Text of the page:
Bauml, Marysburg Royals two inductees to Saskatchewan HOF
By Andrew Hendriks
Canadian Baseball Network
This summer, the Saskatchewan Baseball Hall of Fame will induct 14 individuals, three teams and one family in a formal ceremony scheduled for August 20th in Battleford, Sask.
Founded by Canadian Baseball Hall of Famer David Shury in 1983, the Hall bases its inductees off of five categories including player, builder, family, community and team. Its annual selections are drawn from those who have contributed greatly to the provinces rich baseball history.
2016’s class of inductees include the following:
Players _ Terry Buck, Fresno, Cal./Swift Current, Sask., Bev Hickie, Estevan, Sask., John M. “Corky’ McCann, Red Deer, Alberta/Admiral, Sask., Harvey Schmidt, Medicine Hat, Alberta/Burstall, Sask. Fabian Schommer, Kindersley, Sask. Robert W. Thompson, Edmonton, Alberta/Semans, Sask.
Player/Builder _ Ron Bauml, Muenster, Sask., Doug Dodd, Rabbit Lake, Sask., Barry Erickson, Regina, Sask., Regan Kjargaard, Saskatoon, Sask., Lewis McNamee, Moose Jaw, Sask., Laurence Woodard, Weyburn, Sask., Leo Wurtz, Lloydminster, Sask.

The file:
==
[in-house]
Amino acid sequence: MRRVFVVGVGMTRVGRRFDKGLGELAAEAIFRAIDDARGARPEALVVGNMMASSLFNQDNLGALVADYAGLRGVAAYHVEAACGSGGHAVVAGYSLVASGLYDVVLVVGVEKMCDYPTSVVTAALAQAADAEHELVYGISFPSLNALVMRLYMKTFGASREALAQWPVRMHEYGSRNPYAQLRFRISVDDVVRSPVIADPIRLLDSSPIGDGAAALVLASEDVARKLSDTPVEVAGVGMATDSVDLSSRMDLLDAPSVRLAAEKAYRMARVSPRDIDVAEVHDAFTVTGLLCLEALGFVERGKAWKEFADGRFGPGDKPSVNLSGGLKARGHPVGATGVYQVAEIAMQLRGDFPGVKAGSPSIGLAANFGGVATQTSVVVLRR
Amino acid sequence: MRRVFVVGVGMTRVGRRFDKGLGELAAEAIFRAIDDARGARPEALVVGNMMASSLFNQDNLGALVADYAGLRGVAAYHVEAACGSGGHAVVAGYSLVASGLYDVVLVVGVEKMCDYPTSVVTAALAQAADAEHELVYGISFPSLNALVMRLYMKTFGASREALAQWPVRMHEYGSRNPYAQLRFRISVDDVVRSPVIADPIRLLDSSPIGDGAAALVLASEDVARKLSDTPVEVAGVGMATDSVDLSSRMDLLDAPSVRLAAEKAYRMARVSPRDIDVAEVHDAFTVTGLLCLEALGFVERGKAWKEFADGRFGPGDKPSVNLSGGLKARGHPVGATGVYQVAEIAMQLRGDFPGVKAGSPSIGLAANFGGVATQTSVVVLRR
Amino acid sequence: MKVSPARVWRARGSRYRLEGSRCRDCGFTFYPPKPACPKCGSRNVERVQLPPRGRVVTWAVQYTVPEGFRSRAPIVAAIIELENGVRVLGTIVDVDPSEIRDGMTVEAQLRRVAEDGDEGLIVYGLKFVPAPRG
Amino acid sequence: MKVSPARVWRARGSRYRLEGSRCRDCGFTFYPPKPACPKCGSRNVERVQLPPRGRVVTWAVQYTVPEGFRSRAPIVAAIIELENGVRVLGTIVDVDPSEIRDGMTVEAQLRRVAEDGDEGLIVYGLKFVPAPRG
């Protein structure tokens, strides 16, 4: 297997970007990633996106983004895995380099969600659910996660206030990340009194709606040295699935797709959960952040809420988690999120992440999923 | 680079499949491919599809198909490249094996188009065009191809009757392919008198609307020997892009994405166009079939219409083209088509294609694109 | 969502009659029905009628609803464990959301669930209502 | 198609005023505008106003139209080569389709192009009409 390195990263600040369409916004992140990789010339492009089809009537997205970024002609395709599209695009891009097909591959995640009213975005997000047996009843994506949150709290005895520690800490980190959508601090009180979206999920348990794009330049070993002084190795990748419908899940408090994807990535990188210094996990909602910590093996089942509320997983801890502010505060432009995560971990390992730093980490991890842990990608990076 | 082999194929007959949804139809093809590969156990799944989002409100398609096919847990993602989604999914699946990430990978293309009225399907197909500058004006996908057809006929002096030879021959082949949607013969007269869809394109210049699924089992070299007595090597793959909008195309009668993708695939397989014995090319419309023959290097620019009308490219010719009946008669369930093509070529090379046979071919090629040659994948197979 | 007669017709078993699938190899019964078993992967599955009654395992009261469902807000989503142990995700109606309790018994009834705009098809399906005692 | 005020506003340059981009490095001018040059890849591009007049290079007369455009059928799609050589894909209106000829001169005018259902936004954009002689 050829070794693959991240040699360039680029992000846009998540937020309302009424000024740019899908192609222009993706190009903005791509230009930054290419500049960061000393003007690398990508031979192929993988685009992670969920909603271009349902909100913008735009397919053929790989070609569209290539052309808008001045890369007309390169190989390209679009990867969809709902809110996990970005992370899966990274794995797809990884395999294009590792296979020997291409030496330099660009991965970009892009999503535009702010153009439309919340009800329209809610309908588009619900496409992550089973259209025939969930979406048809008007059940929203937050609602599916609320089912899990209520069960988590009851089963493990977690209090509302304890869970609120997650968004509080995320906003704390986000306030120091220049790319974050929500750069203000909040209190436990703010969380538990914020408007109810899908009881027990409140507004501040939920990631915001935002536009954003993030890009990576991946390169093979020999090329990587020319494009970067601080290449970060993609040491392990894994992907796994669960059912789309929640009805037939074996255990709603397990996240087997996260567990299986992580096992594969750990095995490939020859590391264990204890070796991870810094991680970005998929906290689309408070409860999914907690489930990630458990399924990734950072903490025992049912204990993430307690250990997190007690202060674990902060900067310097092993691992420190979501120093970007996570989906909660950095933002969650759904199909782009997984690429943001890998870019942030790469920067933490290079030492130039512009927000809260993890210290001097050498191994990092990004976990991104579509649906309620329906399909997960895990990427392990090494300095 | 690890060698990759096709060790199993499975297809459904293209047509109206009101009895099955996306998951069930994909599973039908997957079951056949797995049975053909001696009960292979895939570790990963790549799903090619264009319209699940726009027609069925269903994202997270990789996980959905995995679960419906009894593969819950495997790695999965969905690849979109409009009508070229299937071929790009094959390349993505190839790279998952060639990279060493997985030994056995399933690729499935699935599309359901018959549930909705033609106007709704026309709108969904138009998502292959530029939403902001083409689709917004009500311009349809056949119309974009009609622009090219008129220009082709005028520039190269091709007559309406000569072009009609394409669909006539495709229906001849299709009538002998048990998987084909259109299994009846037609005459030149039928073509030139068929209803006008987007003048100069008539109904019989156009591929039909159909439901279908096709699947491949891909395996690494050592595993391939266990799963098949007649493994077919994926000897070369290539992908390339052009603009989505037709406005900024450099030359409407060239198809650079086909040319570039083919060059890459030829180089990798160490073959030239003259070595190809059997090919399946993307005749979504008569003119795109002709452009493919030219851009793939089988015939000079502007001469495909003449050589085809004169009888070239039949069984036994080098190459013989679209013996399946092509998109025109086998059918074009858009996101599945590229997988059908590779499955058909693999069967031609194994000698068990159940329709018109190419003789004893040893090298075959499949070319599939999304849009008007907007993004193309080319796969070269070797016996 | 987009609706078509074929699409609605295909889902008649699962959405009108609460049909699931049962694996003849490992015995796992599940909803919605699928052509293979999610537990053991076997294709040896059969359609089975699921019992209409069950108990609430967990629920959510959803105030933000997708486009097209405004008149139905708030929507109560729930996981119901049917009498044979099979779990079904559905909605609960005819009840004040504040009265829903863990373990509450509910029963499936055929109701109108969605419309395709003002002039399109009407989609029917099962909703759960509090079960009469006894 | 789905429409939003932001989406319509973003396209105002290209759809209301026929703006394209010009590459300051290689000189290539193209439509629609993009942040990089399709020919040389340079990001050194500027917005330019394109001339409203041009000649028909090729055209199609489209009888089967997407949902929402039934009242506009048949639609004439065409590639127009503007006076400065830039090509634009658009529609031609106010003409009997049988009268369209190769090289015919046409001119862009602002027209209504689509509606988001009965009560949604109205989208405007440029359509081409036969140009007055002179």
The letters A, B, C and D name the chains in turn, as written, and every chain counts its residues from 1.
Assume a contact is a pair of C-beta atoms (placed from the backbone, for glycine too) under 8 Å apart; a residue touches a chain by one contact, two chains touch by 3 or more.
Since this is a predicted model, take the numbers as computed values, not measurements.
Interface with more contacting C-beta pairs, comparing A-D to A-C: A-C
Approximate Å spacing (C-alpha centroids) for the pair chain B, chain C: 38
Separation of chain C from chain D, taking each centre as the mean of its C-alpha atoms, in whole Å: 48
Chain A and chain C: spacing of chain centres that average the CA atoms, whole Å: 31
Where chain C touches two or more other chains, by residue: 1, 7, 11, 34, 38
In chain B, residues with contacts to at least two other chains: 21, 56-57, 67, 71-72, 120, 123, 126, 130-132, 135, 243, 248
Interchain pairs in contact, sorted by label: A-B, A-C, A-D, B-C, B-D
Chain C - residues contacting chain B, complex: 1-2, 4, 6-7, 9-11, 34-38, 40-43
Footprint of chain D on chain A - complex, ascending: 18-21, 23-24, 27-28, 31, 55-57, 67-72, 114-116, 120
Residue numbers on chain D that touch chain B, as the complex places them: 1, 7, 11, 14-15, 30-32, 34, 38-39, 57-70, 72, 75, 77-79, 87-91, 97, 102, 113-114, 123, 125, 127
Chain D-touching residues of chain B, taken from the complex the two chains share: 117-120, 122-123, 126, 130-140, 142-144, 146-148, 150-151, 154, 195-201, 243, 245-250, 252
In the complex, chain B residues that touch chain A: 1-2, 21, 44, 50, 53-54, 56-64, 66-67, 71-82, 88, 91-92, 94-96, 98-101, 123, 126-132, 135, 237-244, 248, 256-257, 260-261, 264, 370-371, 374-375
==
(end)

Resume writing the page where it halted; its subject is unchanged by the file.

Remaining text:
Builder Norm Loehr, Regina, Sask.
Family _ Jack Lloyd Family, Swift Current, Sask.
Community _ Lloydminster, Sask.
Teams _ Leader Barons Seniors 1961-1983, Viceroy Team 1946-1975 Team, Marysburg Royals Senior Team
Of the many notable individuals and clubs included in this years class, Muenster’s Bauml and the Marysburg Royals stand out in the crowd.
Bauml, a star left handed hurler in his own rights, has a pair of sons who have also taken to the American Pastime, one of which (Cole) was drafted by the Detroit Tigers in the 10th round of last years June draft.
In 2014, Cole played for the Marysbug Royals, who, entering their 98th season of operation this summer, represent one of the oldest amateur baseball clubs in Canadian history.
In addition to the names of its inductees, a dynamic collection of photographs and countless artifacts that pertain to the provinces history within the grand old game, the museum also houses what some claim to be the largest bat in Canada.